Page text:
Measuring milk

Air bubbles may improve dairy products

Kansas State University researchers are deploying small air bubbles invisible to the human eye in a quest to improve several popular dairy products and co-products.

Kansas State University food scientist Jayendra Amamcharla said his research team is perfecting a process to incorporate air bubbles into condensed milk and yogurt to make the texture of these products more desirable for consumers.

"The consumer trend is toward high-protein yogurt products," said Amamcharla, an assistant professor of animal sciences and industry. "One of the disadvantages of having higher proteins is that it increases the viscosity, or thickness, of the yogurt. It becomes so thick that you can eat it only with a spoon. We have incorporated air bubbles into a high-protein yogurt to reduce its viscosity so that it is drinkable."

The process developed by the Kansas State team is patent pending, but Amamcharla said that when ready, it will be fairly simple to implement for milk processing facilities.

"From the manufacturers' side of this, it will improve the efficiency of processing milk, thus saving money for the plant," Amamcharla said.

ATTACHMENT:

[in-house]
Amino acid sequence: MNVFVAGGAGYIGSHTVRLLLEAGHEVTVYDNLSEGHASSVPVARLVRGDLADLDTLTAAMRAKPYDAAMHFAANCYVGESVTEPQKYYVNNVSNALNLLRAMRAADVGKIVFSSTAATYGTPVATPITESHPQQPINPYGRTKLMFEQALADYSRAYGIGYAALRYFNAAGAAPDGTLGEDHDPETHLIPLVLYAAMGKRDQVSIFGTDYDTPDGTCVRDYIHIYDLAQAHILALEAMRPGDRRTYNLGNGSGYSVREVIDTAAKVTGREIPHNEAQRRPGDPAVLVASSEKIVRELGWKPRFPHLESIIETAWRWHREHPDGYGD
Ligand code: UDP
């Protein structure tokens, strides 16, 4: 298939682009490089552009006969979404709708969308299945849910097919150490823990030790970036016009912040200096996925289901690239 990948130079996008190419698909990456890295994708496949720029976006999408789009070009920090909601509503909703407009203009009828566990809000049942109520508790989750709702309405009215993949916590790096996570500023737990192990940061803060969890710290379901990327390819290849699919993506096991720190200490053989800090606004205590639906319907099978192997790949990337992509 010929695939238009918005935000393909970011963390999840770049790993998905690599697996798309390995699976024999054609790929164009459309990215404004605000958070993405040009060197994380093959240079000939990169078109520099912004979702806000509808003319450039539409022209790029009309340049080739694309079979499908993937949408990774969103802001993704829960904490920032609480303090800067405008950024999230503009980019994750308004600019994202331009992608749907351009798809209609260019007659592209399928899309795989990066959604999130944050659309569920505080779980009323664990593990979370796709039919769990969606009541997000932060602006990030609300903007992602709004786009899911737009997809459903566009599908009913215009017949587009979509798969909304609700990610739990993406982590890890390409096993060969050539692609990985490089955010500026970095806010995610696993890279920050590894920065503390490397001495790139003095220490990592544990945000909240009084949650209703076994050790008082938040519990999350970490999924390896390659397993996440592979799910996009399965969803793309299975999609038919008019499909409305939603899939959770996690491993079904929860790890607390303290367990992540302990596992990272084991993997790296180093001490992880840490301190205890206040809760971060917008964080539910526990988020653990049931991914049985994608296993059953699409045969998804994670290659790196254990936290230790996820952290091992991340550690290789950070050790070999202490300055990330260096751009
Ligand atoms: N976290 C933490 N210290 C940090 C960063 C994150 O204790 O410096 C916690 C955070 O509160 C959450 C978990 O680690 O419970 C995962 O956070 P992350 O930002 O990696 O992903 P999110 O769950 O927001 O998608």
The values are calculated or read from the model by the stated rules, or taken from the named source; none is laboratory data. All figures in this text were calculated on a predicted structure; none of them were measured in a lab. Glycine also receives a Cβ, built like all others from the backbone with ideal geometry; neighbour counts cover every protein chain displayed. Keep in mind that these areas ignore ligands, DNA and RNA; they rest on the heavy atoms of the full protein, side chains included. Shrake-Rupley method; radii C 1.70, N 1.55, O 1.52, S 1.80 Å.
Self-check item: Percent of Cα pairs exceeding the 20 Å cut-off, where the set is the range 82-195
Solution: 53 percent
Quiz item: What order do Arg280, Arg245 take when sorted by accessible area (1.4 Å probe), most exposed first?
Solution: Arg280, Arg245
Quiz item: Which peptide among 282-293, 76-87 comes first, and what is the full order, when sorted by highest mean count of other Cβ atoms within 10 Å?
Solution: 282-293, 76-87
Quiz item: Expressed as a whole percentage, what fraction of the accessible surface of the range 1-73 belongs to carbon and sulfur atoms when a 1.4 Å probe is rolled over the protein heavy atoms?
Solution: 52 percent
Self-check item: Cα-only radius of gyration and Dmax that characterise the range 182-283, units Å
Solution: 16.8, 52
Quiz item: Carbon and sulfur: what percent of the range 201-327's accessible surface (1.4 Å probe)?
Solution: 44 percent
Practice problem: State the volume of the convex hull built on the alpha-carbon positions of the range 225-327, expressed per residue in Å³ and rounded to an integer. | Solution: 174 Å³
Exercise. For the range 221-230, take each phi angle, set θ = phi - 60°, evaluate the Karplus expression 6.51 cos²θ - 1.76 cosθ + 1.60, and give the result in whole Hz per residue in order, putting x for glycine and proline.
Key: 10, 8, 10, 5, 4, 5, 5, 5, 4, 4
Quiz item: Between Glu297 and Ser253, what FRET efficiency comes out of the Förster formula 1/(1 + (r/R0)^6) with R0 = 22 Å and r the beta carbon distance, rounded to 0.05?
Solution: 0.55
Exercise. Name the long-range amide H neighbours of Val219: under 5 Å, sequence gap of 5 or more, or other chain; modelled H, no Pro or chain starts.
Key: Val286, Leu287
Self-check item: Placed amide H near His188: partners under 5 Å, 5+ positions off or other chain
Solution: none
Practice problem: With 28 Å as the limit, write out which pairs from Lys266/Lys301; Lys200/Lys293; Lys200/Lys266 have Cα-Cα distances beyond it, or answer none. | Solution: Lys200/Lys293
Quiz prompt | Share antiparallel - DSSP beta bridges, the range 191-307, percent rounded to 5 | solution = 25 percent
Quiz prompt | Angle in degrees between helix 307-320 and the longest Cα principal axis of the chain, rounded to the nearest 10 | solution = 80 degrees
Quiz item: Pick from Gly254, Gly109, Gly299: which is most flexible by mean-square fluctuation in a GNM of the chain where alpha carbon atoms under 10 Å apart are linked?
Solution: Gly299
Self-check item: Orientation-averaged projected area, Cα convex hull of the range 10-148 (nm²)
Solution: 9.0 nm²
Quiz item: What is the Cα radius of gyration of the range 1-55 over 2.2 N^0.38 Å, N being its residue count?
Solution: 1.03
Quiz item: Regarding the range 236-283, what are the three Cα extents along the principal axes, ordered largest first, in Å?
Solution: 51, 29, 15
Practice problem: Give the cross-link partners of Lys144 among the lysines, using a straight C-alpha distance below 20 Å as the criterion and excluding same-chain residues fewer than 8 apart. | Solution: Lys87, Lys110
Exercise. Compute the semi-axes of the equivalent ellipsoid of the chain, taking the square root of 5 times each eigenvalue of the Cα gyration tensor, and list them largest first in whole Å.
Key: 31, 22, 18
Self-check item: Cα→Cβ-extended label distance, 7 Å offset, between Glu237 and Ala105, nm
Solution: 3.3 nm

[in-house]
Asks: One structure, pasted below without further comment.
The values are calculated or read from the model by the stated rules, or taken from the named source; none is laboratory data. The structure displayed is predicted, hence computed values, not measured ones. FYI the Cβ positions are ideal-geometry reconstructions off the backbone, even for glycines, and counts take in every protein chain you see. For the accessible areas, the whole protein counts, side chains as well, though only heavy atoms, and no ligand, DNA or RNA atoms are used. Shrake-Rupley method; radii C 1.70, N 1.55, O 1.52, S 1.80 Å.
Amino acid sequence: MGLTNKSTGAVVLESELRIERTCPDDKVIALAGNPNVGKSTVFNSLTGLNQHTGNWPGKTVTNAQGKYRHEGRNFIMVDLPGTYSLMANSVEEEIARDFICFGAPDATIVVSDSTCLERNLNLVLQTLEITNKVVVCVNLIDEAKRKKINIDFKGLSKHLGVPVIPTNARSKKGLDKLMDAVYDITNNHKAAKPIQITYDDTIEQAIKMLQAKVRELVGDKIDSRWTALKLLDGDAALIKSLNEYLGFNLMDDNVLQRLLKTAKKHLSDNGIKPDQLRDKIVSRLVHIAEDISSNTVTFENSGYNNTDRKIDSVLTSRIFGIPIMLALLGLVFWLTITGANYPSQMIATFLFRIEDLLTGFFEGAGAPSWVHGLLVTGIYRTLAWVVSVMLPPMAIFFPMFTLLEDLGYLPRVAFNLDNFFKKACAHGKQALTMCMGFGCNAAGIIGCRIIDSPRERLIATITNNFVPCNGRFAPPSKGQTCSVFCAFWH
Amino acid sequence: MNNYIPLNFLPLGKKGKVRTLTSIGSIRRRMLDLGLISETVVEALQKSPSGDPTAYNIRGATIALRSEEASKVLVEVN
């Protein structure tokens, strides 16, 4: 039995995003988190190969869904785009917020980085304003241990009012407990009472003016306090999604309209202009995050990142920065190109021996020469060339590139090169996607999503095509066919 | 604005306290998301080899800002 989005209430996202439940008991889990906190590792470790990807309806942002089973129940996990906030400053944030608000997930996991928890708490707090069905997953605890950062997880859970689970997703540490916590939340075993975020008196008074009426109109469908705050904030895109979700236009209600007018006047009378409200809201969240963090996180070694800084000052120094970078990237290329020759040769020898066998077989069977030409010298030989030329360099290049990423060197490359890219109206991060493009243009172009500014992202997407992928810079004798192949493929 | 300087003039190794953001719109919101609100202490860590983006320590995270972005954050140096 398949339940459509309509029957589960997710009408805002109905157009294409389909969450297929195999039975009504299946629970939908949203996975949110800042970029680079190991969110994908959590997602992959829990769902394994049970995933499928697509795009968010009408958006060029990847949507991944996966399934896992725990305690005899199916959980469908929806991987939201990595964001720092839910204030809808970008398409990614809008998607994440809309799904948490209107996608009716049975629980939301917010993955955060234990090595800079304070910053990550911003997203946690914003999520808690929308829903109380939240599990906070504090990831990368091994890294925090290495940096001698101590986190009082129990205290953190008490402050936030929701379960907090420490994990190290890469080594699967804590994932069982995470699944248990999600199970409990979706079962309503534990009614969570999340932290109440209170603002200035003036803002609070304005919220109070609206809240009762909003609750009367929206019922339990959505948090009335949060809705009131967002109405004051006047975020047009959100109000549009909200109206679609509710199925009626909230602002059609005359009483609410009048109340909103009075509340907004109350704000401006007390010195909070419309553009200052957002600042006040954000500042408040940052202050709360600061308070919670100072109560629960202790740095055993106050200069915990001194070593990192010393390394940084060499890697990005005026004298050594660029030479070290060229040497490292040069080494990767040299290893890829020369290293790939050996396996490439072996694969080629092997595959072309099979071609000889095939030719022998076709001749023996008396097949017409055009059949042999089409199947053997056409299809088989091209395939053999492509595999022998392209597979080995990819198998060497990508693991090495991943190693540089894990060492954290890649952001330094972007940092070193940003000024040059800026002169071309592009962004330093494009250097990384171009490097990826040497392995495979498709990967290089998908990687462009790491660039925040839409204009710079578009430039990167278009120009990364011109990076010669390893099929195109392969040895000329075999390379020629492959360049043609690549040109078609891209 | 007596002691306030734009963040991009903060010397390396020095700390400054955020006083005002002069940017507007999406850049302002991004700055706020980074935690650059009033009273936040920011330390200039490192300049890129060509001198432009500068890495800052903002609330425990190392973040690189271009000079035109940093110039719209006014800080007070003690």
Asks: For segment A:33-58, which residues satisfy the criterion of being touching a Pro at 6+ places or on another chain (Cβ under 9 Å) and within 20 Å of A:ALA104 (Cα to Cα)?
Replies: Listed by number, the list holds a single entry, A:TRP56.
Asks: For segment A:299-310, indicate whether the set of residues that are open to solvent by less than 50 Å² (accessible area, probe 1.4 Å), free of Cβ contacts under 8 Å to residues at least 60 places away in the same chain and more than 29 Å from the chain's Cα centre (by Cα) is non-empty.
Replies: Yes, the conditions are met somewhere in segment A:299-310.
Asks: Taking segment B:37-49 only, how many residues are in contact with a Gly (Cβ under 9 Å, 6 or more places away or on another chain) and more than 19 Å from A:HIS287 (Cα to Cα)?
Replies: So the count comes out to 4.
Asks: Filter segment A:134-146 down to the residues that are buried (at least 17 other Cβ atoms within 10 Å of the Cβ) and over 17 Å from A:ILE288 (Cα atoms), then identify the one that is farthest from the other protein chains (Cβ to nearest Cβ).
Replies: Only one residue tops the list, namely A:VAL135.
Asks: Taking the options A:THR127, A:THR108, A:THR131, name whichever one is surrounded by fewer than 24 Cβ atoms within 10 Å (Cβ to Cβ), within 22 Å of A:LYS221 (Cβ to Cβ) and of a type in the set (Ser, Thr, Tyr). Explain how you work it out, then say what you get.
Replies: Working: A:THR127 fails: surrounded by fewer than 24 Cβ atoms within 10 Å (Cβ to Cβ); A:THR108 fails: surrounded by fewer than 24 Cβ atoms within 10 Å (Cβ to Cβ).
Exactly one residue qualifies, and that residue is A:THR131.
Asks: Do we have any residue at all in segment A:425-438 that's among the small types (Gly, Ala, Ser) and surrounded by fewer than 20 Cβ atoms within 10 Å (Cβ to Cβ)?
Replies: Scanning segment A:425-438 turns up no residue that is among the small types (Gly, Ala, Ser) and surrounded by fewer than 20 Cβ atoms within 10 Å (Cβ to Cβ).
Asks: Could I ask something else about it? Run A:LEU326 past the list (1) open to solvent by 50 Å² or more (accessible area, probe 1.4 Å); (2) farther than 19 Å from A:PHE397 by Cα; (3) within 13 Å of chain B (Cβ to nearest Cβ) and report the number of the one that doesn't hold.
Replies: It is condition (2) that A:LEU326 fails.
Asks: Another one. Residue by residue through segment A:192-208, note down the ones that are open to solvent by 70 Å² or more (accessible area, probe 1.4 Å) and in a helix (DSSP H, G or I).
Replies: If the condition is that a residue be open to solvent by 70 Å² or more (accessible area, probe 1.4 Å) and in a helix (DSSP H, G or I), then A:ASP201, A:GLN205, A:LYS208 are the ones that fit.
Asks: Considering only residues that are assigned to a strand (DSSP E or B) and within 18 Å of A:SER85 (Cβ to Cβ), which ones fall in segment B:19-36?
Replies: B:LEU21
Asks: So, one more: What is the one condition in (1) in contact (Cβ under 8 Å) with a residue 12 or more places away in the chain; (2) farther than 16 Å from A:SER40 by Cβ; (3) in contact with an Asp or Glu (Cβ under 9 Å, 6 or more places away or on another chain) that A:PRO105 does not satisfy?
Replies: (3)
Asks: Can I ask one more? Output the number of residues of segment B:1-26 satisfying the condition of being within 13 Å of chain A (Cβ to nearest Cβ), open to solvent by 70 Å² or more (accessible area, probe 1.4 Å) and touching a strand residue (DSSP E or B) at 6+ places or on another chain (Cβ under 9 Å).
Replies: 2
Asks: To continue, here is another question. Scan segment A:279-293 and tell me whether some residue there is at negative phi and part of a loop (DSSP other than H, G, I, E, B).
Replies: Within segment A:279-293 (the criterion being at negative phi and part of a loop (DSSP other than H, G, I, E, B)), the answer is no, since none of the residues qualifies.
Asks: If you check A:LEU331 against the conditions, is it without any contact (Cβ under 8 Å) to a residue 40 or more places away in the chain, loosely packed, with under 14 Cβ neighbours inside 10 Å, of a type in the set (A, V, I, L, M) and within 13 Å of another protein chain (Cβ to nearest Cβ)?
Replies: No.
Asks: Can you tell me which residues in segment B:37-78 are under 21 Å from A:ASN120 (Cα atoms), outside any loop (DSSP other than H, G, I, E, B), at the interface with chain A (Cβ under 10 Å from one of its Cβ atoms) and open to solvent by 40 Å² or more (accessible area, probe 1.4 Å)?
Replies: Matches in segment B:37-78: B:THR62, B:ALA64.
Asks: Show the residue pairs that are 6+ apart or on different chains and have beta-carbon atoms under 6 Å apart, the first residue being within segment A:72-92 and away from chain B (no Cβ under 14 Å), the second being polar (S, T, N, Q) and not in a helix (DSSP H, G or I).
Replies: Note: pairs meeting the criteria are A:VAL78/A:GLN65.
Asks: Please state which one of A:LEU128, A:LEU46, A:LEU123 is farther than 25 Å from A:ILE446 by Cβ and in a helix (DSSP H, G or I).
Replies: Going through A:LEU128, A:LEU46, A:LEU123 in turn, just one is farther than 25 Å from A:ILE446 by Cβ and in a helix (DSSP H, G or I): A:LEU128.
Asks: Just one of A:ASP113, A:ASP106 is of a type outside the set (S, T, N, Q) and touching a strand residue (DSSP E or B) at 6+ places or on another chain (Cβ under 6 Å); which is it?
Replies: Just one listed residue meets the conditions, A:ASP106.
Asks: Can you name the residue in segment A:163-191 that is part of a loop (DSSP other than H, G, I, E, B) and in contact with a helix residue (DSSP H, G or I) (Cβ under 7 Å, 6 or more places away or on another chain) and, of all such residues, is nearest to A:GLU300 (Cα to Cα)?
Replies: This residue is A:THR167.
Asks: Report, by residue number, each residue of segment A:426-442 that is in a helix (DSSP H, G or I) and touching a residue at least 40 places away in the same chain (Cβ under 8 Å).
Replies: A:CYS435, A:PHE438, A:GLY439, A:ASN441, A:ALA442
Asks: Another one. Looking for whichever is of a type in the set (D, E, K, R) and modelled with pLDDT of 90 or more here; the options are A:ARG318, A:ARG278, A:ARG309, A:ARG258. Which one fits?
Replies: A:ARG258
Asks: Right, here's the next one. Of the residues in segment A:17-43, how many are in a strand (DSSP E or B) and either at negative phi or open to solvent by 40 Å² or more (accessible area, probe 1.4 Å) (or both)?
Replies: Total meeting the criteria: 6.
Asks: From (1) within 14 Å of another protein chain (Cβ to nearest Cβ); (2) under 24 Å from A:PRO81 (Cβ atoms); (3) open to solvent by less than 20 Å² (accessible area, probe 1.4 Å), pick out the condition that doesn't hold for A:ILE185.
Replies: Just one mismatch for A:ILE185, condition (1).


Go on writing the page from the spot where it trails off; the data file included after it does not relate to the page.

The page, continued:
"The other side is consumers," he said. "We are improving the acceptability of high-protein dairy products. There shouldn't be any differences in how these products taste, but there should be an improvement in how they feel on the tongue and in the mouth when consumers eat these products."

Amamcharla said the benefits of incorporating air bubbles will go beyond yogurt. The researchers are also finding positive results in other products and processes used in the dairy industry, including condensed milk, milk protein concentrates and whey protein concentrates.

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